CNN was calling it the greatest political show on Earth. The New York Times was calling it among the most highly anticipated presidential debates in American history, a game changer. And The Wall Street Journal was calling it one of the most-watched political events in American history, with viewership expected to reach 80 million.
But the 30-some UVM students gathering in Lafayette 207 at 9 p.m. on Monday, September 26? They were calling it a party. “This is the most social event I’ve been to!” said Miranda Zigler.
It was also a learning opportunity, of course. Instead of basking in the glow of a black light and disco ball, members of the 117-year-old Lawrence Debate Union were basking in the glow of their laptops and, of course, the red and blue glow from the screen projector as Hillary Clinton and Donald Trump faced off for the first time.
On hand was newly appointed debate coach Helen Morgan Parmett, UVM alumna of the Class of 2000. “These debaters are learning the art and science of making arguments, but one of the most crucial pieces in being able to make successful arguments is tailoring them to your audience — bound up with a longstanding debate over rhetoric that goes back to Plato and Aristotle,” she said, welcoming some of the newcomers. “But overall, my aim for the team is to enjoy being together while engaging in a thoughtful activity of analysis and critique.”
Instead of Plato, there were plates of paper to hold the evening’s sustenance, which flew as fast as the words. Justin Morgan Parmett, the assistant debate coach, monitored boxes of Junior’s pizza as team members tiptoed down the stairs for another slice of cheese or veggie, in-between carefully monitoring the candidates’ expressions and reactions. “He looks so mad already!” the assistant coach said of Trump as the evening began.
Seven minutes into the debate, laughter filled the room as Clinton quipped about “trumped-up trickle down” policy. “It’s notable that she just took the first jab,” said Helen Morgan Parmett. “Will he take the bait?” Additional sounds: banging tables, gasps, clucks.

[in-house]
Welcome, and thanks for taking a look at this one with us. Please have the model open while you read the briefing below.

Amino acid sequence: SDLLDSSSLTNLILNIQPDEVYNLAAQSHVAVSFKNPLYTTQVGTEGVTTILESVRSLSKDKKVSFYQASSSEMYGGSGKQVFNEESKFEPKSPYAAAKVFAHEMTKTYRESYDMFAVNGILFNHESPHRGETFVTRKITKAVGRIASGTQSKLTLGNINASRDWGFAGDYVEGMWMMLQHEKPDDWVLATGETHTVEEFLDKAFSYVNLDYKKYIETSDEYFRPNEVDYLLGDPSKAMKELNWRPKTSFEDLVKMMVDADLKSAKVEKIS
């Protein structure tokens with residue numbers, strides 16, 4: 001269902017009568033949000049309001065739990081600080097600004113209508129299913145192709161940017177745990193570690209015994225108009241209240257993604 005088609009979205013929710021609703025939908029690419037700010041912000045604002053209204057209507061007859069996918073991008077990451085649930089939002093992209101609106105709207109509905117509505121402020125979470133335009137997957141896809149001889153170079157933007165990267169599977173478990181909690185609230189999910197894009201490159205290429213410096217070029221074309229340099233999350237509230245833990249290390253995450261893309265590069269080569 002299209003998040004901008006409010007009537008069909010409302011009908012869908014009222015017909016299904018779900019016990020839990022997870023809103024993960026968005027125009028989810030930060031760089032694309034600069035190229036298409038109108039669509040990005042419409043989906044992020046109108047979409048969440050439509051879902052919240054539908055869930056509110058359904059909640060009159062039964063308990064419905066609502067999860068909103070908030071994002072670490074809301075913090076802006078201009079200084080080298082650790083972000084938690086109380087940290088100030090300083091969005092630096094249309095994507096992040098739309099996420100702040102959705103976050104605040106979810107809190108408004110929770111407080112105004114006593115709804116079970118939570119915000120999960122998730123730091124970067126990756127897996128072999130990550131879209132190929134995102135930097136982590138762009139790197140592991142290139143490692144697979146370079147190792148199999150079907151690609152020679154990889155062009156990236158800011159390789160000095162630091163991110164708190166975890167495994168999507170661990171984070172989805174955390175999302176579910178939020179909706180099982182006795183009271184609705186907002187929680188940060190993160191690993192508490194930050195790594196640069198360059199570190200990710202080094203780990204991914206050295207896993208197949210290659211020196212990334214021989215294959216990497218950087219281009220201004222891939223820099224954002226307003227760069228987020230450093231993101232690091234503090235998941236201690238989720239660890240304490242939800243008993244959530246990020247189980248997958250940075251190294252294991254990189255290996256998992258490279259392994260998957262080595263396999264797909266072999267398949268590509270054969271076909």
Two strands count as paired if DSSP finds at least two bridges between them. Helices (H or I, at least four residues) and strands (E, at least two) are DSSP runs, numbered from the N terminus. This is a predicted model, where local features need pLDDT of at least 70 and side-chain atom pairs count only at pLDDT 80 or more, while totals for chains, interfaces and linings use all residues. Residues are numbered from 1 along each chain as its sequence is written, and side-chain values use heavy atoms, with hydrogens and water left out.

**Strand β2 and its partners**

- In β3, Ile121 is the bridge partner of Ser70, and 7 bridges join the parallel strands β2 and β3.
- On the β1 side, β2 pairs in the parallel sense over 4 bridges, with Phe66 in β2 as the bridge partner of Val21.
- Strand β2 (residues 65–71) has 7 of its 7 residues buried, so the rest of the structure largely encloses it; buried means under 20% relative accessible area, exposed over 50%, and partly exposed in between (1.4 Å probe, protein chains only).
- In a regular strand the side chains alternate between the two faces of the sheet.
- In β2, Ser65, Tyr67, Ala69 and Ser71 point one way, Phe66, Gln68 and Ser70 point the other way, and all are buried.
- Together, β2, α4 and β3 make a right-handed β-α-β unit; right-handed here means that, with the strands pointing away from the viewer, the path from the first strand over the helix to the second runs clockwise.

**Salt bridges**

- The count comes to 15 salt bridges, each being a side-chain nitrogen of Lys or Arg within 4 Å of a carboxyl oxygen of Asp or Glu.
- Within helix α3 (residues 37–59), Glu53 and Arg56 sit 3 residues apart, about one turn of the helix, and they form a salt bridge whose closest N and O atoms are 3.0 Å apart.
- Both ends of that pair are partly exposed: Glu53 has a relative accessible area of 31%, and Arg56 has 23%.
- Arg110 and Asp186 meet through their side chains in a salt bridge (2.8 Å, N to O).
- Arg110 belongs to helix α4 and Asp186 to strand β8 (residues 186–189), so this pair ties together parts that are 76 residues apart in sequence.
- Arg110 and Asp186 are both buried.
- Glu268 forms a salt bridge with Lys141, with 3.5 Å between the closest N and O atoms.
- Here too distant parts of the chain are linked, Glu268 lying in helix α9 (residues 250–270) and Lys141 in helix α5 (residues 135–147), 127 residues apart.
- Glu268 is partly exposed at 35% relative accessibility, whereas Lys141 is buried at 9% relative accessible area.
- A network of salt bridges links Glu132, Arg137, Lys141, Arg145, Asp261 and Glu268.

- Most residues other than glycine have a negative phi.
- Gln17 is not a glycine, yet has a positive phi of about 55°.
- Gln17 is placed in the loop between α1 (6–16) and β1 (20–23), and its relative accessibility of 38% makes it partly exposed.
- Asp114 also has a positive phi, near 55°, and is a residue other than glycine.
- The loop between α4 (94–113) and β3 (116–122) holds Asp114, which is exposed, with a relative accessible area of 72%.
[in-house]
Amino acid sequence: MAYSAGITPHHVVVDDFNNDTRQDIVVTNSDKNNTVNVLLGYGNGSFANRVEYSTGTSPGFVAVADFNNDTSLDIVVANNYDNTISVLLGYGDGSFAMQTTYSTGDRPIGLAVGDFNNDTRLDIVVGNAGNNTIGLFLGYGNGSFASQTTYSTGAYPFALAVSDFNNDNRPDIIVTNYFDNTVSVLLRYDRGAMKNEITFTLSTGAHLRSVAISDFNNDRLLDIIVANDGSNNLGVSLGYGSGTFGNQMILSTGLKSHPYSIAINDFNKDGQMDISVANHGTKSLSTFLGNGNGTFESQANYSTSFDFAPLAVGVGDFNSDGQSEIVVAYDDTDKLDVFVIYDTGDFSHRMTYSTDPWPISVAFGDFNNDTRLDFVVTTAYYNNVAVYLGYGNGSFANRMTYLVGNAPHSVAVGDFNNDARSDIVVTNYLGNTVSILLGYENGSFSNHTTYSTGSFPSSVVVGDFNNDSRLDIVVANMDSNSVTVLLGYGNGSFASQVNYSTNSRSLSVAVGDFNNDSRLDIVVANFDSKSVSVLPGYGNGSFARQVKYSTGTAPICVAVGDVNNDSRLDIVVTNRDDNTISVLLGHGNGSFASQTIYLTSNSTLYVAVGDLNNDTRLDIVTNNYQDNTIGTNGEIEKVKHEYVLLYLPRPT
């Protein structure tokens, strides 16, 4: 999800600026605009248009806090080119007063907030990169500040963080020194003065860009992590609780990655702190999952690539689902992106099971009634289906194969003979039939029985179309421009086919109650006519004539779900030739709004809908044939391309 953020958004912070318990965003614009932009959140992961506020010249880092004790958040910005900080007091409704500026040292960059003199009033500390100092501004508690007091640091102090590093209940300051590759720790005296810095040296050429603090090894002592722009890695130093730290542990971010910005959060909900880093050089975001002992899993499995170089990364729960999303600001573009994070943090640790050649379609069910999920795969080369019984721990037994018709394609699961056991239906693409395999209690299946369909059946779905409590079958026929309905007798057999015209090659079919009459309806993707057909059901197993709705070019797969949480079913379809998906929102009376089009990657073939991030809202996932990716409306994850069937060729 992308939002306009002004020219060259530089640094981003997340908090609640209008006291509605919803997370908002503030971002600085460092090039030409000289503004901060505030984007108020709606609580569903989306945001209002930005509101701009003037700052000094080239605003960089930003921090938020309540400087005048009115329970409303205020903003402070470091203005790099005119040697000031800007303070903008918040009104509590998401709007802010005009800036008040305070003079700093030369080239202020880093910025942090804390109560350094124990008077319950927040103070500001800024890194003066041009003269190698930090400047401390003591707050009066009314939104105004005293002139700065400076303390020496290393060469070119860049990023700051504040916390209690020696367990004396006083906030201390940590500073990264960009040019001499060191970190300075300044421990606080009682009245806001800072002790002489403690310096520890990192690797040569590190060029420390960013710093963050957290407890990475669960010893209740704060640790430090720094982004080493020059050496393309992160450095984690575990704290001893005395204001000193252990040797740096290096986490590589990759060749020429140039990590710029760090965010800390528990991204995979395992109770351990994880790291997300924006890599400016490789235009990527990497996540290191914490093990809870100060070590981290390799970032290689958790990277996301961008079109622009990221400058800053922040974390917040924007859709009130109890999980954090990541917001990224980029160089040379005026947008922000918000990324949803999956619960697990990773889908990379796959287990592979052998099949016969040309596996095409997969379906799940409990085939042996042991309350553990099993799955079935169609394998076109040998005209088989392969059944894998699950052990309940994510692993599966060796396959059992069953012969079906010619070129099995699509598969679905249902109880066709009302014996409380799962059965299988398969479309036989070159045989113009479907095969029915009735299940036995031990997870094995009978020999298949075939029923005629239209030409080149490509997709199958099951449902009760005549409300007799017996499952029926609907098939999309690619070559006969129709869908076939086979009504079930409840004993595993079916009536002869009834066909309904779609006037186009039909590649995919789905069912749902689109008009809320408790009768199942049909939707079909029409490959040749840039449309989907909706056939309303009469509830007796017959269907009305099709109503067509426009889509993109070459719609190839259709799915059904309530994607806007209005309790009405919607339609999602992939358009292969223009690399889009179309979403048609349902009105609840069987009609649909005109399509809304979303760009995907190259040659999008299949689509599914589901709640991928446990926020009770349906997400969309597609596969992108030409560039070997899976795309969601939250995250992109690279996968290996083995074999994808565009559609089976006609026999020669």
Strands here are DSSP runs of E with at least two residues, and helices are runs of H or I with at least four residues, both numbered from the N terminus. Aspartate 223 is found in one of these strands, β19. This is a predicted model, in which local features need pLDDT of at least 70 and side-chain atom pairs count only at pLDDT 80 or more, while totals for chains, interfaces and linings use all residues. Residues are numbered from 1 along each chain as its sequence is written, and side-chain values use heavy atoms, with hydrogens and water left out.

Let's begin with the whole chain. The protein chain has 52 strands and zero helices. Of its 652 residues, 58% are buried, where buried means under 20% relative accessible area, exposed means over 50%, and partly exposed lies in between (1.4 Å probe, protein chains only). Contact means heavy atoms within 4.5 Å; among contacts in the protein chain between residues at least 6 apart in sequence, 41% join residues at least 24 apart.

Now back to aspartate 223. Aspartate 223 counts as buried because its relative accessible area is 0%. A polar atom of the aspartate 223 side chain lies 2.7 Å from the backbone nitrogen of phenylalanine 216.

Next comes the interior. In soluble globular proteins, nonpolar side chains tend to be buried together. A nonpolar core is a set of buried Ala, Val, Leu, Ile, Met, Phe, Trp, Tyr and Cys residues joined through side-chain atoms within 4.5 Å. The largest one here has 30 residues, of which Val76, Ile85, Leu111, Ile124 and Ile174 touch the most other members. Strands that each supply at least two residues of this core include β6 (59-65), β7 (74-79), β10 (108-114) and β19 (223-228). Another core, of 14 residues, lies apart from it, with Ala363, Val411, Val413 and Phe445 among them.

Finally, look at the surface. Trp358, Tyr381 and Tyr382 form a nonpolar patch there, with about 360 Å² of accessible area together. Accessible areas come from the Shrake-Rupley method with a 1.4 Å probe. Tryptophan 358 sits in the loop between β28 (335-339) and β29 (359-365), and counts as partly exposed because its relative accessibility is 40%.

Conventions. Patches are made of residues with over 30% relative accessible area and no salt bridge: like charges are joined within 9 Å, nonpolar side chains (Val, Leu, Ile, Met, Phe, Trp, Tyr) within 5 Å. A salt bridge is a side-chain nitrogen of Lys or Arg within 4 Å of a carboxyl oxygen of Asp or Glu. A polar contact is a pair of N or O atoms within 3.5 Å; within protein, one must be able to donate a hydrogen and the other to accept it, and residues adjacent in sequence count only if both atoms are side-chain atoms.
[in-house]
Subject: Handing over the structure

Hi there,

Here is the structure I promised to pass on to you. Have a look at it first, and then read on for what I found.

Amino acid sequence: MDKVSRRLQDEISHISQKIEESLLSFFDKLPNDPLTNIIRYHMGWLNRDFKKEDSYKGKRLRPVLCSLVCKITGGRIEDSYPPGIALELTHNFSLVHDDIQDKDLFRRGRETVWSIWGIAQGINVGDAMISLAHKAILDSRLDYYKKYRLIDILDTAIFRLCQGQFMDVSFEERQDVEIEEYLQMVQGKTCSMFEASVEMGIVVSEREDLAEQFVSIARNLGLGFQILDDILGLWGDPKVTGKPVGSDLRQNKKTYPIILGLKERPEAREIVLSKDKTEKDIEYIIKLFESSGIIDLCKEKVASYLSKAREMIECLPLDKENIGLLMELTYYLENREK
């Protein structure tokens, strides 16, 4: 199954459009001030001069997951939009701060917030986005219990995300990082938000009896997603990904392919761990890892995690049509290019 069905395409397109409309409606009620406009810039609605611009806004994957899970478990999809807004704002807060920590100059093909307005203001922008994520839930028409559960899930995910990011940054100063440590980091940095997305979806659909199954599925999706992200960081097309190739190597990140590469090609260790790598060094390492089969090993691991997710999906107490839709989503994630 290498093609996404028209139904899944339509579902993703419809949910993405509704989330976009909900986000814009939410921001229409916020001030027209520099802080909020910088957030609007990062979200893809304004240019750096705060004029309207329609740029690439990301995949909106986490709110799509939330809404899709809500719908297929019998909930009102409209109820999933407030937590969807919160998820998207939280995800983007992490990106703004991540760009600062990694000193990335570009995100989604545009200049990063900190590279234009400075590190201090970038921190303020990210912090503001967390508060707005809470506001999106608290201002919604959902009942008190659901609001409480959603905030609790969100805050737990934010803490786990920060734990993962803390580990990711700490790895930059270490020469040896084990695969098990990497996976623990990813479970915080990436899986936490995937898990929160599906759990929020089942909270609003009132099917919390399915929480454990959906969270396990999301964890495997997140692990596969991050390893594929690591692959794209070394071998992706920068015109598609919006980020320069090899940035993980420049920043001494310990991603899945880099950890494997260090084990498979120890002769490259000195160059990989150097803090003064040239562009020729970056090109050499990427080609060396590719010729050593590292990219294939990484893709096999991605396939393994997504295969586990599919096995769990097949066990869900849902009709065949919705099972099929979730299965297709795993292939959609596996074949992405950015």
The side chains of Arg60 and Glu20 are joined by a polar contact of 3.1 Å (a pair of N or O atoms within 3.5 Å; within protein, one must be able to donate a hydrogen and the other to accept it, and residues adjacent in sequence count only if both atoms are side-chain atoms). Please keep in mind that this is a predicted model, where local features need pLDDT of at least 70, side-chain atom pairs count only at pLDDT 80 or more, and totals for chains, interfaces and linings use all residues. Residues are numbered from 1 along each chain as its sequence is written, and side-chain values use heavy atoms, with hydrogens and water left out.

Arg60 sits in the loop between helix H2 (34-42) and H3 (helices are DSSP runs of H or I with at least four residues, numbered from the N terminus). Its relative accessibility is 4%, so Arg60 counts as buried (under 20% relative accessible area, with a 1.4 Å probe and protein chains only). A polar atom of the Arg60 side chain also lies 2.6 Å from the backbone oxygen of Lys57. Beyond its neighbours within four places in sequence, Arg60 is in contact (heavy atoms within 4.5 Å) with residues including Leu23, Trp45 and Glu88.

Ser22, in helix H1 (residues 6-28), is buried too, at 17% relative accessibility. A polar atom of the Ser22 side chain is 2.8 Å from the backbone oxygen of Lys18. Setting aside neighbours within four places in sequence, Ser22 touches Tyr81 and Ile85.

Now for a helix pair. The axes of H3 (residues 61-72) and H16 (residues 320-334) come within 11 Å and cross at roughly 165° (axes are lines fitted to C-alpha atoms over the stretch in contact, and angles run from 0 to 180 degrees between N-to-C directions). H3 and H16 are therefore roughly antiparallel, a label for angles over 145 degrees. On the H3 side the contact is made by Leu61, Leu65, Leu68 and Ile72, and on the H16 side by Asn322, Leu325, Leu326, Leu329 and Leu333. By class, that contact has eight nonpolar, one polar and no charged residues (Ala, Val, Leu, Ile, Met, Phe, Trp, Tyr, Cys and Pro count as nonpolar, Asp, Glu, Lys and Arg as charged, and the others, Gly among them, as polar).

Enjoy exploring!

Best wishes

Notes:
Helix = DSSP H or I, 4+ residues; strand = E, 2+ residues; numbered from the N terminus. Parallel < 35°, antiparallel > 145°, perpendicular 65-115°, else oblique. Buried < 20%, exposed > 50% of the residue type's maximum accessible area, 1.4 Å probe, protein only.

Sophie Scharlin-Pettee kept a keen eye on Clinton’s calm. “I hope I can emulate that gracious style in my own debating,” she said, adding that she joined the debate team because she wanted to challenge her own opinions but stayed because of the community dynamic. “It’s one of the most engaged, inquisitive groups on campus, and I love being surrounded by people who constantly encourage me to be a better thinker.”
Meanwhile, Duncan Crowe reached into a bag of Orville Redenbacher microwave popcorn to his left to keep his hands occupied when he wasn’t clicking on Facebook and Twitter, or perusing Clinton’s fact-check site. “I think he’ll weaponize a large number of social issues to use against her,” he predicted of the remainder of the debate.
Afterward, the group discussed audiences, and which candidates’ responses played to which audiences. “Secretary Clinton came out on top,” said Scharlin-Pettee. “Trump’s pitfalls — insecurity, brashness, dishonesty — were on full display.”
The next morning, Helen Morgan Parmett added that “a sizable portion of folks responding to polling results think that Trump won.”
“If there’s anything I hope the debaters took home, it’s that we need to do better in both educating people on how to engage in and use debate as a key component of deliberative democracy,” she said, “as well as identifying, understanding, and addressing the more effective, emotional and deeply-seeded beliefs that drive decision-making in the present.”